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Legislative Assembly for the ACT: 2001 Week 7 Hansard (21 June) . . Page.. 2359 ..

MR RUGENDYKE (continuing):

in the electorate of Ginninderra do. For example, Charnwood Primary School has a very good mentoring program and a program to deal with bullying in schools. That report, called Educated views, was selectively quoted in the Chronicle and, of course, my political opponents have chosen to use that newspaper report as the basis for personal criticism of me both inside and outside this chamber.

Let me put that excerpt into context and let me quote the part that the Chronicle chose not to include in its story. Referring to the free bus scheme, I wrote:

I must acknowledge that the initiative will benefit parents struggling to meet the travel costs of their children. However, it is clear that the "free school bus" initiative cannot be classified as education spending but rather effectively as pseudo-tax relief for families that qualify for this benefit. I strongly urge the Government to address the current deficiencies outlined in this report in future funding allocation genuinely relating to the Education portfolio.

Of course, the money that we are talking about is not coming out of the education budget; it is coming out of the Urban Services budget, so it is not for spending on education. It is a crafty way for the government to buy new buses and to make bus travel for some students fairer than it has been. I will take the slings and arrows directed at me by my political opponents and will not be supporting Mr Berry's amendments.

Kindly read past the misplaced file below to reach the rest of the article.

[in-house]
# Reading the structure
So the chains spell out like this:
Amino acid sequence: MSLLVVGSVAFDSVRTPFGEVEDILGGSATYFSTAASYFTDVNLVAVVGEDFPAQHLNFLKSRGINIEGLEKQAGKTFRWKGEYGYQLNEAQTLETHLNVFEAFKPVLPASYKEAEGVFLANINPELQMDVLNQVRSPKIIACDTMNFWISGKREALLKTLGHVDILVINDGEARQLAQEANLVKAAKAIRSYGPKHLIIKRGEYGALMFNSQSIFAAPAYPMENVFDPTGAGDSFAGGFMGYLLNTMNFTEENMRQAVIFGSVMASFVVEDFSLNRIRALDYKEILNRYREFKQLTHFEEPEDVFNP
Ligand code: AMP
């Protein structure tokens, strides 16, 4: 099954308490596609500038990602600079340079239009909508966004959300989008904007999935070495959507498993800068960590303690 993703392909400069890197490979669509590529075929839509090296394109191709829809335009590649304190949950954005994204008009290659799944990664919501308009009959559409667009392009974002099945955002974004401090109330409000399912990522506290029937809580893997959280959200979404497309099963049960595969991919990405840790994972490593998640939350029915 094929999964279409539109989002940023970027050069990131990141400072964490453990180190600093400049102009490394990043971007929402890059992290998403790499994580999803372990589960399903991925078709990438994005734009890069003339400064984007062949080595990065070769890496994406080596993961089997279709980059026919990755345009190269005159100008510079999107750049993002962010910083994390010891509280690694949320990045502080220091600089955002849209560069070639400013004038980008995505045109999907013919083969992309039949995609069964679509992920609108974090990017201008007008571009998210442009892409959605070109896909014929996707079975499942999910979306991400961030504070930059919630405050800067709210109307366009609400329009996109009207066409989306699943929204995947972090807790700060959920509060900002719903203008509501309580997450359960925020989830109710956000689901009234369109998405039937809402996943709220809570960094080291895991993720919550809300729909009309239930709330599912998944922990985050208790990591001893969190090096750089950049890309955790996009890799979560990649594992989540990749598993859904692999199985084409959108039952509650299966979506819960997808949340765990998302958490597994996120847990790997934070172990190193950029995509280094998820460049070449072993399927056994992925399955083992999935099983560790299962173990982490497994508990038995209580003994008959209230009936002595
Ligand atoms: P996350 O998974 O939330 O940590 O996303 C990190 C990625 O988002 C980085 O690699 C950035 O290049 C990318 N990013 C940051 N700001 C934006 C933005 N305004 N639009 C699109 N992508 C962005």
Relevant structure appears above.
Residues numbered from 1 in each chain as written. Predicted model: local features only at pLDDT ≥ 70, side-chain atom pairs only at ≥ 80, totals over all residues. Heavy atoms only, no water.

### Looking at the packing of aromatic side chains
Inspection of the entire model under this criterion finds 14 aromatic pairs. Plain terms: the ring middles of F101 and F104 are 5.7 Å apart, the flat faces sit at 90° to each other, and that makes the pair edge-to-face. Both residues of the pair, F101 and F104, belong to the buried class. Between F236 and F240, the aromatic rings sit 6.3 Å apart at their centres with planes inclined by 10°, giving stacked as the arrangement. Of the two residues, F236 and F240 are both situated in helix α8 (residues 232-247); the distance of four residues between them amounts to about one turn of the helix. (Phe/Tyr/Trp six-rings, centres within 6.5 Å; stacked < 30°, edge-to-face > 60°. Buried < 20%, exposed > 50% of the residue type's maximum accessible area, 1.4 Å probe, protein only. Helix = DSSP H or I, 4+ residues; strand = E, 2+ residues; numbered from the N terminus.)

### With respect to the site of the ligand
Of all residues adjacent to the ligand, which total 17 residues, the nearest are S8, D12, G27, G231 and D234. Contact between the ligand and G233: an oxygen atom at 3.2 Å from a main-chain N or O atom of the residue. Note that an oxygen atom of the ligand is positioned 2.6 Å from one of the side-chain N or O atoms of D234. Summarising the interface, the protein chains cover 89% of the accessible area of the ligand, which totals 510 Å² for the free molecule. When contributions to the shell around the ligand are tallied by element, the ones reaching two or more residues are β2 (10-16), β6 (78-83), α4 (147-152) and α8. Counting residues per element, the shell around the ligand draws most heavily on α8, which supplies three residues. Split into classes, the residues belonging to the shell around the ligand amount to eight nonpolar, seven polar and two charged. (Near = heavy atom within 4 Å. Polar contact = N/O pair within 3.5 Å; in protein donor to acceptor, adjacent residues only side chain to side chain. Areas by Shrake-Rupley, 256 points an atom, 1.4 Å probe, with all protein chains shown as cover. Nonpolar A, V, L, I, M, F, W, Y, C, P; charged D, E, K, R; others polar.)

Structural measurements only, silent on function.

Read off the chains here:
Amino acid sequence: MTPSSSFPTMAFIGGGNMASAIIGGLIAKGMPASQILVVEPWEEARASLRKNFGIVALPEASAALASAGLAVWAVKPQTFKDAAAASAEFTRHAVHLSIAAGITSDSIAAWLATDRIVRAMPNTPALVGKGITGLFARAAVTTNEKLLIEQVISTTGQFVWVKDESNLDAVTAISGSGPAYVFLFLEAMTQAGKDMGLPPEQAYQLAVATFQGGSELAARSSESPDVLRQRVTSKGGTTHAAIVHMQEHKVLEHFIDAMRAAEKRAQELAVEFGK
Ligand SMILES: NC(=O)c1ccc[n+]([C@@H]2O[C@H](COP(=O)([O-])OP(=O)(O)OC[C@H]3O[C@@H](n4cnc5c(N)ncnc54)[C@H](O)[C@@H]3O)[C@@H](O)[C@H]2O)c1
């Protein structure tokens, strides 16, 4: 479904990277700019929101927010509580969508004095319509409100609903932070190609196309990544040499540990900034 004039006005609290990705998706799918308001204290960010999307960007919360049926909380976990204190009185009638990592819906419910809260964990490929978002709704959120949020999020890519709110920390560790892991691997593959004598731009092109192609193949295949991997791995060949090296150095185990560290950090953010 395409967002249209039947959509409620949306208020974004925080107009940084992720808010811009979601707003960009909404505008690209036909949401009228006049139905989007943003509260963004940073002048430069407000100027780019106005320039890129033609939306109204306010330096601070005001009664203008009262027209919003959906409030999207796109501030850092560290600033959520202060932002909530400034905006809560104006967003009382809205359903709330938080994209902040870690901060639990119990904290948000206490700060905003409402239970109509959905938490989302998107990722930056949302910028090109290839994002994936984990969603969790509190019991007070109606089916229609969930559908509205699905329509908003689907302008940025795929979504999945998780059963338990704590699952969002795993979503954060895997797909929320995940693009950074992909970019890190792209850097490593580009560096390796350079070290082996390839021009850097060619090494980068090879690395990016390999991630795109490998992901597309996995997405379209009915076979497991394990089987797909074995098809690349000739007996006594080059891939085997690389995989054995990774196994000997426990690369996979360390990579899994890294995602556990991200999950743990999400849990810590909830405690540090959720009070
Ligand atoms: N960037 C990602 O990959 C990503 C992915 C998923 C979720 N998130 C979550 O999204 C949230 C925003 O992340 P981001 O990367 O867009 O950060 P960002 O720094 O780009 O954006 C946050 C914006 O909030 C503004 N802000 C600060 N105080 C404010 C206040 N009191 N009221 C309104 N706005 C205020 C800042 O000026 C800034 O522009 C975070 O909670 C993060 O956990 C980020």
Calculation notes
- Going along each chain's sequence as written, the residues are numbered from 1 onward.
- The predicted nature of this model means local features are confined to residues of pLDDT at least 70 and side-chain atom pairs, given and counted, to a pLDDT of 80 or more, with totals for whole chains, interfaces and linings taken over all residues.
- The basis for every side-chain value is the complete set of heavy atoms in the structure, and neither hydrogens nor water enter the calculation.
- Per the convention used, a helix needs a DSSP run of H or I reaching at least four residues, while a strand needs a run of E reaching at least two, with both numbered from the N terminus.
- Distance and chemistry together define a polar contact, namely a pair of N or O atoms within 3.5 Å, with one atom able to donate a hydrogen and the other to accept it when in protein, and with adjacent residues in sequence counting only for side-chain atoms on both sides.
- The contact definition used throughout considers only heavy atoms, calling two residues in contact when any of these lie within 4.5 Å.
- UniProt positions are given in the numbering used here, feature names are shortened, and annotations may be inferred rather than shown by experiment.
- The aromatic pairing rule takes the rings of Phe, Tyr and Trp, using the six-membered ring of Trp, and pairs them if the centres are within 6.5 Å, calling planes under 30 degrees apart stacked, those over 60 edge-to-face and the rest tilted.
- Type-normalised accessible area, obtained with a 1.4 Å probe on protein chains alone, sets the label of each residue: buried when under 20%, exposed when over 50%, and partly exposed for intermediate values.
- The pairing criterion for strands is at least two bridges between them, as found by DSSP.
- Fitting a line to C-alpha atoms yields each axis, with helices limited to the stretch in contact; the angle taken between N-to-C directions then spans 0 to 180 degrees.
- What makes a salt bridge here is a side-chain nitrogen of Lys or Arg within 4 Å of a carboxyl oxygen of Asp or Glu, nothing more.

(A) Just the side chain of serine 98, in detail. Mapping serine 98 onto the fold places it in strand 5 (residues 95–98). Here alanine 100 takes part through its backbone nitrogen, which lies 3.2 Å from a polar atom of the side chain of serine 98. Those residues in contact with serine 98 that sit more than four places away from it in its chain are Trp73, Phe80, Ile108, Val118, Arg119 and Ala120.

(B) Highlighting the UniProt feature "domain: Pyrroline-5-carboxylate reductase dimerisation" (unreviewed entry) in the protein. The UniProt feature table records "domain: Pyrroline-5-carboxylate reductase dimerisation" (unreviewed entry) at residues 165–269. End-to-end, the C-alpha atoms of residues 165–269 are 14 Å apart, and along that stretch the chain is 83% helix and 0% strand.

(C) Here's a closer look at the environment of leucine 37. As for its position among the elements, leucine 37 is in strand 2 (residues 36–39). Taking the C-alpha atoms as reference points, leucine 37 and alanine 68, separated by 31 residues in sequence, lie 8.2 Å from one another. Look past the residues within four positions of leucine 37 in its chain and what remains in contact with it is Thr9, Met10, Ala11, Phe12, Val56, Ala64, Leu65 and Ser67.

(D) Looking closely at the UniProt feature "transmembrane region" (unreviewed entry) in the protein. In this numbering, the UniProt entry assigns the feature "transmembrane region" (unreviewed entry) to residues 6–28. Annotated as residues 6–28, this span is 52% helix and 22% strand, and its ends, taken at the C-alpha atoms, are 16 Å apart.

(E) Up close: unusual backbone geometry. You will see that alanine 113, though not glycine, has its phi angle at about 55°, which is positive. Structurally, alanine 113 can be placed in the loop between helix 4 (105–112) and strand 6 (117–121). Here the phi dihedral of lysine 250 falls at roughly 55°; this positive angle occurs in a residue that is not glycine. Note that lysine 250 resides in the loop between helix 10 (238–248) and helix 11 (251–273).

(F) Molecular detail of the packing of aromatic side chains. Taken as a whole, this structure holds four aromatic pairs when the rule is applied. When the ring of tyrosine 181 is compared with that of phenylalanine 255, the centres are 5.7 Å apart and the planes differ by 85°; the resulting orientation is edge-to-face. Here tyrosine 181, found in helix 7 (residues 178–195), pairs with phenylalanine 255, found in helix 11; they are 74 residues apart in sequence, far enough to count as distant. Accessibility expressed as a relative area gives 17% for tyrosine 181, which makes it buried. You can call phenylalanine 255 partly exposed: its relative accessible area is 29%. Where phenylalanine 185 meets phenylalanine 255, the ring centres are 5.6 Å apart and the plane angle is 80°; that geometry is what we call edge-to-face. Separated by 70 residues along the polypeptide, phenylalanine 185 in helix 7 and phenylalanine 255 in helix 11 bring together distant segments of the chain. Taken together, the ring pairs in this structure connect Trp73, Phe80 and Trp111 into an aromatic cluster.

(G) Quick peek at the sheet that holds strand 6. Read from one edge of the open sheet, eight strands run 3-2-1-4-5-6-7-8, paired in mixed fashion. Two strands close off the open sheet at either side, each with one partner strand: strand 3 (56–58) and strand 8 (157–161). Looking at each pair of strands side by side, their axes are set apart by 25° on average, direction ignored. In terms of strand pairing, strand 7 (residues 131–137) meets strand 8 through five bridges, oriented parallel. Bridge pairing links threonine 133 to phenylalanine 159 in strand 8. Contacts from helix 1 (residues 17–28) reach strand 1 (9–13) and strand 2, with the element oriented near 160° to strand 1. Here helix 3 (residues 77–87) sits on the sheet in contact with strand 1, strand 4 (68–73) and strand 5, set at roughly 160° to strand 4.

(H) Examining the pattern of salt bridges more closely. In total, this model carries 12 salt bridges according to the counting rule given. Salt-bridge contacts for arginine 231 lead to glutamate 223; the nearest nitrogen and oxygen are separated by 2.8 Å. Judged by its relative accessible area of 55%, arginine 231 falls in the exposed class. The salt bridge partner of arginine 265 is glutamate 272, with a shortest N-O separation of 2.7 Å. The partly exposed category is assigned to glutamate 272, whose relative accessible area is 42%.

MR STEFANIAK (Minister for Education and Attorney-General) (4.55): Mr Deputy Speaker, in speaking to the proposed expenditure for the Department of Urban Services, I want to put on the record that Mr Rugendyke is quite right-it is not Education money; it is Urban Services money. As Mr Rugendyke said, it is something that is going to help families-indeed, it will help a lot of battling families. It is something that we promised in 1995. This was a significant promise. We were elected and one could assume that this may well have had some influence.

Firstly, I might briefly mention a few things that Mr Berry said about this money. I think I mentioned this in an earlier debate but it is certainly important to go through it again and put it on the record in this debate. Mr Berry, and indeed the Labor Party, do not have a very good history in respect of finances. I think Mr Berry's budget blew out on four separate occasions when he was health minister. Of course, we had the much talked about $344.5 million deficit which we have been working at reducing since we got into office.

Mr Berry may well be able to fund his promises by borrowing but I do not think that is a terribly good way of doing it because you if you borrow you get into a greater deficit. I know that he does not mind borrowing but that might not be what Mr Quinlan would like to see. He is talking about $27 million but how can he fund the promises he is making?

The $7.98 million is a one-off. That is for new buses. That takes us down to $19.02 million. That is recurrent; that is for four years. If he succeeds, he has got that for four years. On his own figures, we would be looking at $800,000 per annum for zone 1, which amounts to $3.2 million. That sounds a little on the light side to me, but let us take $3.2 million as gospel. That takes us down to $5.82.

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